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The Iridium satellite constellation is a large group of satellites used to provide voice and data coverage to satellite phones, pagers and integrated transceivers over Earth's entire surface. Iridium Satellite LLC owns and operates the constellation and sells equipment and access to its services.
The constellation requires 66 active satellites in orbit to complete its constellation and additional spare satellites are kept in-orbit to serve in case of failure. Satellites are in low Earth orbit at a height of approximately 485 mi (781 km) and inclination of 86.4°. Orbital velocity of the satellites is approximately 17,000 mph (27,000 km/h). Satellites communicate with neighboring satellites via Ka band intersatellite links. Each satellite can have four intersatellite links: two to neighbors fore and aft in the same orbital plane, and two to satellites in neighboring planes to either side. The satellites orbit from pole to pole with an orbit of roughly 100 minutes. This design means that there is excellent satellite visibility and service coverage at the North and South poles, where there are few customers. The over-the-pole orbital design produces 'seams' where satellites in counter-rotating planes next to one another are travelling in opposite directions. Cross-seam intersatellite link handoffs would have to happen very rapidly and cope with large Doppler shifts; therefore, Iridium supports intersatellite links only between satellites orbiting in the same direction.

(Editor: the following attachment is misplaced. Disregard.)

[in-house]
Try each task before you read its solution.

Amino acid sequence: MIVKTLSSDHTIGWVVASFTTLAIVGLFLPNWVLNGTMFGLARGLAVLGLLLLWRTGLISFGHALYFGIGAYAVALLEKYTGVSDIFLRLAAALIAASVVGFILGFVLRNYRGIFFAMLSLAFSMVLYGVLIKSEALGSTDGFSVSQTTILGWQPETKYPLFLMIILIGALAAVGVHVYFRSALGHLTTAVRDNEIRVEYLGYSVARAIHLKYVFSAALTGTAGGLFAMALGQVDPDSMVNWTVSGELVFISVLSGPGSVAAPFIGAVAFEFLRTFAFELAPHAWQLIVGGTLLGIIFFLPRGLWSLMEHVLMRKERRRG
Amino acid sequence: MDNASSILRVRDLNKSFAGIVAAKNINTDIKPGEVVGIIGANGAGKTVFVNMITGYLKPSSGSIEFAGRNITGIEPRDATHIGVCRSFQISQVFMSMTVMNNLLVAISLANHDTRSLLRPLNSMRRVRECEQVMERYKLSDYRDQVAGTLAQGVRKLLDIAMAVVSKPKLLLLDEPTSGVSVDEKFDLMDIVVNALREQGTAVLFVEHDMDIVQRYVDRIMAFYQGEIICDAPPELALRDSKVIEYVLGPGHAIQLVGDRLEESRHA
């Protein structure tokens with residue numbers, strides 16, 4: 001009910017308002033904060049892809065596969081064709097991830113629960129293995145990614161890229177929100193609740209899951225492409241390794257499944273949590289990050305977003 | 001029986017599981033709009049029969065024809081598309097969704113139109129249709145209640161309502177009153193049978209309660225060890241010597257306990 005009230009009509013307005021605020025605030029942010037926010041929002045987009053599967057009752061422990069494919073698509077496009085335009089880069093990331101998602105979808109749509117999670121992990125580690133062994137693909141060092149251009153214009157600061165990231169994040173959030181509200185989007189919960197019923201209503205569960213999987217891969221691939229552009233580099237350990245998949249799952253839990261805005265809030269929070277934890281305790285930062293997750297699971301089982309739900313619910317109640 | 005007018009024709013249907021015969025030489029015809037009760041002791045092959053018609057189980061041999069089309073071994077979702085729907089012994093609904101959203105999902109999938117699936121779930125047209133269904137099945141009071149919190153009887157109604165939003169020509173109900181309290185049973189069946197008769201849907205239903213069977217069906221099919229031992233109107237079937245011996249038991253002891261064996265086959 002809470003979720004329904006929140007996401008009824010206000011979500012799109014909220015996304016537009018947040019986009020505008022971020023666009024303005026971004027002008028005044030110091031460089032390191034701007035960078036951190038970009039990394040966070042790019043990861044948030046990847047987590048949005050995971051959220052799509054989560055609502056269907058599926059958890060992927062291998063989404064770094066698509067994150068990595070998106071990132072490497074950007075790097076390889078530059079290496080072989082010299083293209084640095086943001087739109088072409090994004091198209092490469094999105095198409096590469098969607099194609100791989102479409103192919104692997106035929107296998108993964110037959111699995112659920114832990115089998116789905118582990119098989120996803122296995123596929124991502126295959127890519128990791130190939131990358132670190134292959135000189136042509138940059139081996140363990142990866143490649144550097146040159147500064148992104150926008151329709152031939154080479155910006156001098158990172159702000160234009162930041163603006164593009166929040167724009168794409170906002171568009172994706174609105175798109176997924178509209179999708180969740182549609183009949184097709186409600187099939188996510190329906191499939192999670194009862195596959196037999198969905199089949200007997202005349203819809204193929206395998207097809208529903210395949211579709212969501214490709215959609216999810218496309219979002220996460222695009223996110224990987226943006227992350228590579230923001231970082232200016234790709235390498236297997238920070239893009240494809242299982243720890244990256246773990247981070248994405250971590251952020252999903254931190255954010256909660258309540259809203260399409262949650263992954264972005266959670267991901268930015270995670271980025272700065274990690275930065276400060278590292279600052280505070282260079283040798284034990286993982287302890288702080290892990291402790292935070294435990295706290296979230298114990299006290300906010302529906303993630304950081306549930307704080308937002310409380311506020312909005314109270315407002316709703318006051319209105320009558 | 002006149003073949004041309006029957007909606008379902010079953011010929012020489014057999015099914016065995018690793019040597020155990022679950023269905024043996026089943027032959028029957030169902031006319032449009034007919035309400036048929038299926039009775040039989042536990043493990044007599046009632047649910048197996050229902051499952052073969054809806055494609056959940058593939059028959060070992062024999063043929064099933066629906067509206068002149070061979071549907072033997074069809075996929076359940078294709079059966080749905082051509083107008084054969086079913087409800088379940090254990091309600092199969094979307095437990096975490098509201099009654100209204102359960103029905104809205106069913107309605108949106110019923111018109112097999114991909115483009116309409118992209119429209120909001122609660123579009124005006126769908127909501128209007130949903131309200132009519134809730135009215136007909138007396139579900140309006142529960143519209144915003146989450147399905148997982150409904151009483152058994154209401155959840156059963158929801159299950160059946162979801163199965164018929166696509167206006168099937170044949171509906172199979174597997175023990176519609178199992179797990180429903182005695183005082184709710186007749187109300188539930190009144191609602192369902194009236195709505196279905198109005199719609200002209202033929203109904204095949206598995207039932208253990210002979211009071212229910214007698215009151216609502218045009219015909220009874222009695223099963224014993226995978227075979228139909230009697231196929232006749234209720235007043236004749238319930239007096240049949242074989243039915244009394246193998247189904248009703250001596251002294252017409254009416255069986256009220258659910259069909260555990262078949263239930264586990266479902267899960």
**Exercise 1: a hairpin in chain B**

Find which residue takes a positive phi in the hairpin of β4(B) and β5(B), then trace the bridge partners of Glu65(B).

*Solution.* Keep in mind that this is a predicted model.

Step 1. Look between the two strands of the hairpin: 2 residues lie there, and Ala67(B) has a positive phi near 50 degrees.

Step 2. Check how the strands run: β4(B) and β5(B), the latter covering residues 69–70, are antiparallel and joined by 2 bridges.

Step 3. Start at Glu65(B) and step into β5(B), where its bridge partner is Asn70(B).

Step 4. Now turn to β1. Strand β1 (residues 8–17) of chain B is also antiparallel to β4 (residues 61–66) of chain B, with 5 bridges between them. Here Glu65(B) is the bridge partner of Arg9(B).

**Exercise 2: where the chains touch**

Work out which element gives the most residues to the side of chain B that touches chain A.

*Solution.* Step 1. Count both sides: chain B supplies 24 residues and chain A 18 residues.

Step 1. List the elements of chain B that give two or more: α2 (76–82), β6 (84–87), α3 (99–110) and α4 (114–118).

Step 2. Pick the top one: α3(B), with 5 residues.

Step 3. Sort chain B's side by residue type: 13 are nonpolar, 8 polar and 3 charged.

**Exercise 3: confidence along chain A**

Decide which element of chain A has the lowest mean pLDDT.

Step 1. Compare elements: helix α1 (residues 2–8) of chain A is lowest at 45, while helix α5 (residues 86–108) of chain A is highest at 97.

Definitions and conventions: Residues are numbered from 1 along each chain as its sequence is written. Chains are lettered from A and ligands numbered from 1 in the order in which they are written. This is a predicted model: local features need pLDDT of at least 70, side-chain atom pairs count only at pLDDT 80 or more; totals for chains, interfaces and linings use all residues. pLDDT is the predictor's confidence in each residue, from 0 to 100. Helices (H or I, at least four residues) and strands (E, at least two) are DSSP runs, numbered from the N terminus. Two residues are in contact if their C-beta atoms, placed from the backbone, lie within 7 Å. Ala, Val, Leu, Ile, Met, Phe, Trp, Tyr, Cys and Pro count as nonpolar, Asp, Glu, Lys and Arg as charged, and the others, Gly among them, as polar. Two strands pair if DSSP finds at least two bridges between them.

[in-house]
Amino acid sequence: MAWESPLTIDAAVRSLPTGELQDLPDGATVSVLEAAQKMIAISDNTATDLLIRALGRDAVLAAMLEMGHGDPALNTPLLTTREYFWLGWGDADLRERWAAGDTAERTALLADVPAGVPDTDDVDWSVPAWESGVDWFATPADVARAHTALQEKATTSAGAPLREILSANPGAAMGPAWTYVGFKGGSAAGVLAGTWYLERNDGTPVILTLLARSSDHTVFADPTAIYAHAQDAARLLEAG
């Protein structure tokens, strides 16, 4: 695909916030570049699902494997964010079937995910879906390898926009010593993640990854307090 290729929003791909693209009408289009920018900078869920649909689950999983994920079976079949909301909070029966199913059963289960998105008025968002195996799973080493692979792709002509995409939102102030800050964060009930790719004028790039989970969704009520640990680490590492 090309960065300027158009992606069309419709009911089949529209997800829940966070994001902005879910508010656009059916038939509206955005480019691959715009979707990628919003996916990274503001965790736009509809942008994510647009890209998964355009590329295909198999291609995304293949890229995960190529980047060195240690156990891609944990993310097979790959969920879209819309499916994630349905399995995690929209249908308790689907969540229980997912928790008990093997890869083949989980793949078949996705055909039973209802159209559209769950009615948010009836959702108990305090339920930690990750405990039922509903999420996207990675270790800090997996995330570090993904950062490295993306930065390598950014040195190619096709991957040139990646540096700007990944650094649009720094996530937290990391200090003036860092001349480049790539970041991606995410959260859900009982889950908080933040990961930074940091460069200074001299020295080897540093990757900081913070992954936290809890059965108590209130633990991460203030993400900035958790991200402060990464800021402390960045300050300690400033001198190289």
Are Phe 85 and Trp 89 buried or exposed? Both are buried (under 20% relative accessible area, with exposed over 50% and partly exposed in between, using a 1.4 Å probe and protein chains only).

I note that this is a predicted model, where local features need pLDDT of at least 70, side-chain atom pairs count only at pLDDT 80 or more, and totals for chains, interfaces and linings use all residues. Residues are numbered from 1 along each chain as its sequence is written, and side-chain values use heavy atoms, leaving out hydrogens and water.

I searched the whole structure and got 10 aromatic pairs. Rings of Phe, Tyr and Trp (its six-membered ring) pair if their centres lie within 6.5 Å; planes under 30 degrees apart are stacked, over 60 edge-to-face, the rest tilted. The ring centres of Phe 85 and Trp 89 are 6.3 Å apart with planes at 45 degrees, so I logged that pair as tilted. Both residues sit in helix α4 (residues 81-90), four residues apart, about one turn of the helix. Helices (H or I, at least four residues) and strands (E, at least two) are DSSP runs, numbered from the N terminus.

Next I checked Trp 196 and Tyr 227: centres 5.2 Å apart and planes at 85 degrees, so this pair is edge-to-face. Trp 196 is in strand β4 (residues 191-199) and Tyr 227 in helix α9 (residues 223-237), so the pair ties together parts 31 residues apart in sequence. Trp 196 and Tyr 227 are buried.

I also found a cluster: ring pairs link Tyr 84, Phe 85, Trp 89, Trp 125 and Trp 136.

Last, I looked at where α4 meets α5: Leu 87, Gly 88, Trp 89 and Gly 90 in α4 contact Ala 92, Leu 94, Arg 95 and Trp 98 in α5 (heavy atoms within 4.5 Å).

At 16:56 UTC on February 10, 2009 Iridium 33 collided with the defunct Russian satellite, Kosmos 2251. This was the first time two intact satellites have collided. Iridium 33 was in active service when the accident took place but was one of the oldest satellites in the constellation, having been launched in 1997.
Iridium moved one of its in-orbit spares to replace the destroyed satellite, completing the move on March 4, 2009.